book listAn integral part of any well-rounded high school curriculum is literature!  Though not part of the TGTB curriculum, this free book list is designed for 8th – 12th grade college-bound students, and includes many classic pieces of literature as well as more modern day stories. The books represent a range of historic eras, and include elements from both American and World Literature courses. Parents should read the book description ahead of time and choose books based on their personal standards. It is not expected that every child will read every book on this list, but should be used as a guide for what colleges will expect to see on a well-rounded reading list.

You might also like Beautiful Book Studies!

Each unit addresses a new topic, including science, history, and geography.  Each unit has introductory text, which will give the student basic background information about the topic at hand.

  • You will also find a short list of reading books, including a featured novel that the unit builds upon.
  • There are vocabulary words, places, and people to identify.
  • Reading comprehension, critical thinking questions, and writing assignments are included.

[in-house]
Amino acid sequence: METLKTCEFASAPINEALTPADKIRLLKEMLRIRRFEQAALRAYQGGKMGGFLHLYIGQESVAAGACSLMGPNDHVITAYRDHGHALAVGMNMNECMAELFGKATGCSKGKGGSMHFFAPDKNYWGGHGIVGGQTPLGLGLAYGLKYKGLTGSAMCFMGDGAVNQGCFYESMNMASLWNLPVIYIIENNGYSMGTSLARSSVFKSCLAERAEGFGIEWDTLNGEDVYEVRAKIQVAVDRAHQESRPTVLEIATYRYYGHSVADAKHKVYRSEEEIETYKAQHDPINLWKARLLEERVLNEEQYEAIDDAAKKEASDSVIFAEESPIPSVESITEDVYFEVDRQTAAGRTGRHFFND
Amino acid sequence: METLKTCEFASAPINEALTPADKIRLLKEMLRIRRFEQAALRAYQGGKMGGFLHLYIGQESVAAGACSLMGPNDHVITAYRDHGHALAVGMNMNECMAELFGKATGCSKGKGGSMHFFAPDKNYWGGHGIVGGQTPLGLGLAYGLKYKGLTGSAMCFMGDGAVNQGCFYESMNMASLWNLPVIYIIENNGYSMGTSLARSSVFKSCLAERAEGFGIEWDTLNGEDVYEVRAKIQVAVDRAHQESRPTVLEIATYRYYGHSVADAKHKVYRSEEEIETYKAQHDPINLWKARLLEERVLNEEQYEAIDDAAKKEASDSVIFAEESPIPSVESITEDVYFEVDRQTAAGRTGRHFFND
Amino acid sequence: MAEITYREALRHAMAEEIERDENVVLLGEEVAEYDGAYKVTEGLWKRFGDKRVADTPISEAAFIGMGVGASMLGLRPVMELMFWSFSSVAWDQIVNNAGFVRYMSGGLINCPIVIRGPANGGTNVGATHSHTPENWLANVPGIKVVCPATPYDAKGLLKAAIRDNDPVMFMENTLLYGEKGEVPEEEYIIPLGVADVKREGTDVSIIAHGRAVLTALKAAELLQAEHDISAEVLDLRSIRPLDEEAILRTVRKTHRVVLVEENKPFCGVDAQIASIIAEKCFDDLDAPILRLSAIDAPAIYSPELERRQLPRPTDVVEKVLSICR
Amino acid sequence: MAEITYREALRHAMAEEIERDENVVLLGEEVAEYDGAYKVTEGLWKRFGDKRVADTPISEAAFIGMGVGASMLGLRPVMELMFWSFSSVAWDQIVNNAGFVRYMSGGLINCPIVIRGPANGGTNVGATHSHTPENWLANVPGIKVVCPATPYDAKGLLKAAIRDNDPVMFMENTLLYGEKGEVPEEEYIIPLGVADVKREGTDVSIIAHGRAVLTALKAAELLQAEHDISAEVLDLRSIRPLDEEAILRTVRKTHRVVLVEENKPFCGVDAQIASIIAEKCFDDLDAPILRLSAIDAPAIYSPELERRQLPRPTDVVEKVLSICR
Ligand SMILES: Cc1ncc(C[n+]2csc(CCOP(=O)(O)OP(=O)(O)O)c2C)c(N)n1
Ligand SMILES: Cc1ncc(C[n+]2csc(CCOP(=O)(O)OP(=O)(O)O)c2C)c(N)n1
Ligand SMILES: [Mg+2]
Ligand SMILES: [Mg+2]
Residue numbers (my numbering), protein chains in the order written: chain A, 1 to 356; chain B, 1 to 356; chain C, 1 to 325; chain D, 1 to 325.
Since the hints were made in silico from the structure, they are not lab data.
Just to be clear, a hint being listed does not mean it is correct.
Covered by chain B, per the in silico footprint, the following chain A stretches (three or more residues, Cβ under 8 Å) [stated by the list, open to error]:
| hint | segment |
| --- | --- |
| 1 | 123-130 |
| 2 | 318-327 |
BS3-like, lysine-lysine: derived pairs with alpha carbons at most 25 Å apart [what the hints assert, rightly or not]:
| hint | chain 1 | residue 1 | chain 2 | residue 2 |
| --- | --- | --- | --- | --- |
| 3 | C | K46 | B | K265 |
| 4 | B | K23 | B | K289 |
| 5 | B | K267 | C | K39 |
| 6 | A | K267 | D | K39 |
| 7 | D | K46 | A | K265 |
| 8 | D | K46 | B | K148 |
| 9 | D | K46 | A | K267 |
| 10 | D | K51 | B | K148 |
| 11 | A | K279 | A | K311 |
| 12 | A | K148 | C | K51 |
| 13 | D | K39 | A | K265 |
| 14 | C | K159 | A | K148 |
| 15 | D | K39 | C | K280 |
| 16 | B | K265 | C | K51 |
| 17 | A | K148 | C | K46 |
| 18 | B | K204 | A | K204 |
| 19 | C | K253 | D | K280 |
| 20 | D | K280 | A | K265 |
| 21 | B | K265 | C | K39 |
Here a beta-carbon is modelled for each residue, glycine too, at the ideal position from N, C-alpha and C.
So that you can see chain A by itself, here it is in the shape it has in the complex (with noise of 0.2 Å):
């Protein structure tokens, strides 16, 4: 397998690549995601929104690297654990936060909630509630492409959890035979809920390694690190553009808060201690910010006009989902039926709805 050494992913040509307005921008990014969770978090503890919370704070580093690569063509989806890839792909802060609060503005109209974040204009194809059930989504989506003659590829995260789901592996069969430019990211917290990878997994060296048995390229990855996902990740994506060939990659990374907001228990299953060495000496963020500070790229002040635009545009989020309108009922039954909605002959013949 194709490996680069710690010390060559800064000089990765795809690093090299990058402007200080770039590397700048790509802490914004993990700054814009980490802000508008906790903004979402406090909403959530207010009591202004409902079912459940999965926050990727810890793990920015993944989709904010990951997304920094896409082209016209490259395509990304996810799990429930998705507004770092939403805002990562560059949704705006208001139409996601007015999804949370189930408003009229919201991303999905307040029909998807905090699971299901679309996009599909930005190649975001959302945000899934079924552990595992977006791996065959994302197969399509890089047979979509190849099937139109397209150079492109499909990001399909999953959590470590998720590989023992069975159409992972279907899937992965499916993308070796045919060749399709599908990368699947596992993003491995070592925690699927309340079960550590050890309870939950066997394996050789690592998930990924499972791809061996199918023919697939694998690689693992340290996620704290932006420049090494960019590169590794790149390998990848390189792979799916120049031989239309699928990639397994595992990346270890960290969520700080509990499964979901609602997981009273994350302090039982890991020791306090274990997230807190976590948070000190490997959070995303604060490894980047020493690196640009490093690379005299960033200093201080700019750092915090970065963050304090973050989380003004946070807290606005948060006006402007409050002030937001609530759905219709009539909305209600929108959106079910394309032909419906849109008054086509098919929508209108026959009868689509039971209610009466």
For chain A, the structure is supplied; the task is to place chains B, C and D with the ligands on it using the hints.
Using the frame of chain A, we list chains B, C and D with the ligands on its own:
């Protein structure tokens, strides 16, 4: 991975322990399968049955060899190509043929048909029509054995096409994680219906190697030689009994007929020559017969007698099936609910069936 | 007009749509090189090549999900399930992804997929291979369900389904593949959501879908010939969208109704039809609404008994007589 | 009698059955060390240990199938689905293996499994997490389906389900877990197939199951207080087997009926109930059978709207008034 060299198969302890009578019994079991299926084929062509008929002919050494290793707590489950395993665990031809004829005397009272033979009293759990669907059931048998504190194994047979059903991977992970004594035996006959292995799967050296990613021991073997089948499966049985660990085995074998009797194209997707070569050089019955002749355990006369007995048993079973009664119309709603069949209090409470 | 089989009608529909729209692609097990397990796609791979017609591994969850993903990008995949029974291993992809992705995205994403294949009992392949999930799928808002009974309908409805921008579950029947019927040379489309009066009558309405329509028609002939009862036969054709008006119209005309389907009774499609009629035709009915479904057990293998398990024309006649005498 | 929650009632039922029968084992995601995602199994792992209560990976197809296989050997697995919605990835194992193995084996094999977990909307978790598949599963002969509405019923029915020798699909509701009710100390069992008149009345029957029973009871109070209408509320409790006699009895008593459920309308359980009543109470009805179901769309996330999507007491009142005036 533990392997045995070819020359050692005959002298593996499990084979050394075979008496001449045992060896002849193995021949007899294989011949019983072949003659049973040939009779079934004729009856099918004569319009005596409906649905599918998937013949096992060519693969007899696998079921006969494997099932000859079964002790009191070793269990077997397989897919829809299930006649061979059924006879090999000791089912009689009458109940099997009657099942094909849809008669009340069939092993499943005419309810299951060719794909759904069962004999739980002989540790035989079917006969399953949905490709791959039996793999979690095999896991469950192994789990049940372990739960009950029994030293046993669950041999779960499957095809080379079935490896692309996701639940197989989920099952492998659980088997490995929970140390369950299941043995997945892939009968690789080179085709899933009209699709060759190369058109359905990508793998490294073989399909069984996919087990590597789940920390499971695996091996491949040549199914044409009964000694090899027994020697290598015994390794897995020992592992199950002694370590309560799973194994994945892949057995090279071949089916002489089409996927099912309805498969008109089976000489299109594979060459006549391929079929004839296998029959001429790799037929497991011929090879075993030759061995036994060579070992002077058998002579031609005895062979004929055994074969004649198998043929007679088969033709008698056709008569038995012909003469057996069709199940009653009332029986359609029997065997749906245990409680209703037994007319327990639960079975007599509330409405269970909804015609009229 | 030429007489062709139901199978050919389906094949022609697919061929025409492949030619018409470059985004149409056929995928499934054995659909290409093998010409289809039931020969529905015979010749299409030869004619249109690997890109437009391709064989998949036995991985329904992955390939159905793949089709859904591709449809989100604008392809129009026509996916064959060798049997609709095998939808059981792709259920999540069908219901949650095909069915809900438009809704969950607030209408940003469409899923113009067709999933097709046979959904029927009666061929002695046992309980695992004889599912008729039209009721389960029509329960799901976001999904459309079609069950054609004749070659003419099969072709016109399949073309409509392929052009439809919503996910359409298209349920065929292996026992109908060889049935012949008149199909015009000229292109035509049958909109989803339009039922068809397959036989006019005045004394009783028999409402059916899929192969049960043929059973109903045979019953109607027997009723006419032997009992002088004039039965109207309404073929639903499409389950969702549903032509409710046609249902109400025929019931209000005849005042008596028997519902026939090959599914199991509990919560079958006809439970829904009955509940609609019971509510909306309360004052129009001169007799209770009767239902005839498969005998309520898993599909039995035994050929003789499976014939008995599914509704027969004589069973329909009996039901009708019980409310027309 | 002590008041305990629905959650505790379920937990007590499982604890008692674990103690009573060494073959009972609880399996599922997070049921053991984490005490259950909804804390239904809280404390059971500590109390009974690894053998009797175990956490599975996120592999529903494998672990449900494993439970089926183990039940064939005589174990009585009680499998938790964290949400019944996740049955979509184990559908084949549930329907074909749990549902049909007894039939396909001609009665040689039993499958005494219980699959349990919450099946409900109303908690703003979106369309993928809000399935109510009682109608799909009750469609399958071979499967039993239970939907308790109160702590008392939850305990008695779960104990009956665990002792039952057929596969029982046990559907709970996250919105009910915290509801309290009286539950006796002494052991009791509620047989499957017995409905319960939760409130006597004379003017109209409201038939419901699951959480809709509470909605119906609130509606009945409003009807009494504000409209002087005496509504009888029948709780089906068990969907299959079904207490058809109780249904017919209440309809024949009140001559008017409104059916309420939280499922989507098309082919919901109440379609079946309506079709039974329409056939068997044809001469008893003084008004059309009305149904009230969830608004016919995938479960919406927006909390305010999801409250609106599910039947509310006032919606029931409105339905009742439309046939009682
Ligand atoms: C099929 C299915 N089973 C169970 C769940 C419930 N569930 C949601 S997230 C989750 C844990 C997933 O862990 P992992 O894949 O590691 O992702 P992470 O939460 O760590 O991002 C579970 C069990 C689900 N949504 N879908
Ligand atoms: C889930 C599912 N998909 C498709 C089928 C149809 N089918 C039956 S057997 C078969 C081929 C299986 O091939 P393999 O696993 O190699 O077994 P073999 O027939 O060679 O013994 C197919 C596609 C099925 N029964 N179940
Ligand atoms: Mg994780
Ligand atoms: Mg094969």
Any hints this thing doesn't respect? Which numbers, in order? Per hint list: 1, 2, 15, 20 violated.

• We add fun with hands-on activities and extra videos to watch that will bring the topic to life.

Table of Contents

  • The King’s Fifth
  • Red Falcons of Tremoine
  • Golden Hawks of Genghis Khan
  • Red Hugh of Ireland
  • Calico Captive
  • The Story of Eli Whitney
  • Island of the Blue Dolphins
  • The Lost Kingdom
  • The Secret Garden
  • Heidi
  • Girl of the Limberlost
  • The Winged Watchman
  • When the Dikes Broke
  • Using the Good & the Beautiful in High School

The books selected for these unit studies can be found in the upper grades areas of The Good and the Beautiful Book List.  However, Homeschool On the Range and Sparks Academy are not employed by or affiliated with, nor do they receive any compensation from, The Good and the Beautiful.  It has simply been their curriculum of choice for many years.  These unit studies are not endorsed by The Good and the Beautiful or Jenny Phillips.


  1. I have never heard of this curriculum before (for any grade level!) Thank you so much for sharing with us at Encouraging Hearts and Home. Your post was most viewed last week and will be featured tomorrow. Pinned.

    1. Oh yay! That's a first for exciting. Thank you!

  2. I'm interested in finding the additional spelling words for TGTB that you mention in your video about level 4.(European Cities???)

    1. When the video was created, there were additional files that moms had made up to share with other TGTB moms, including these spelling word booklets. Unfortunately, they are no longer allowed to be shared. You can, however, create your own booklet! The booklet used the spelling words from the list inside Level 4 and just had photos of European cities on each page.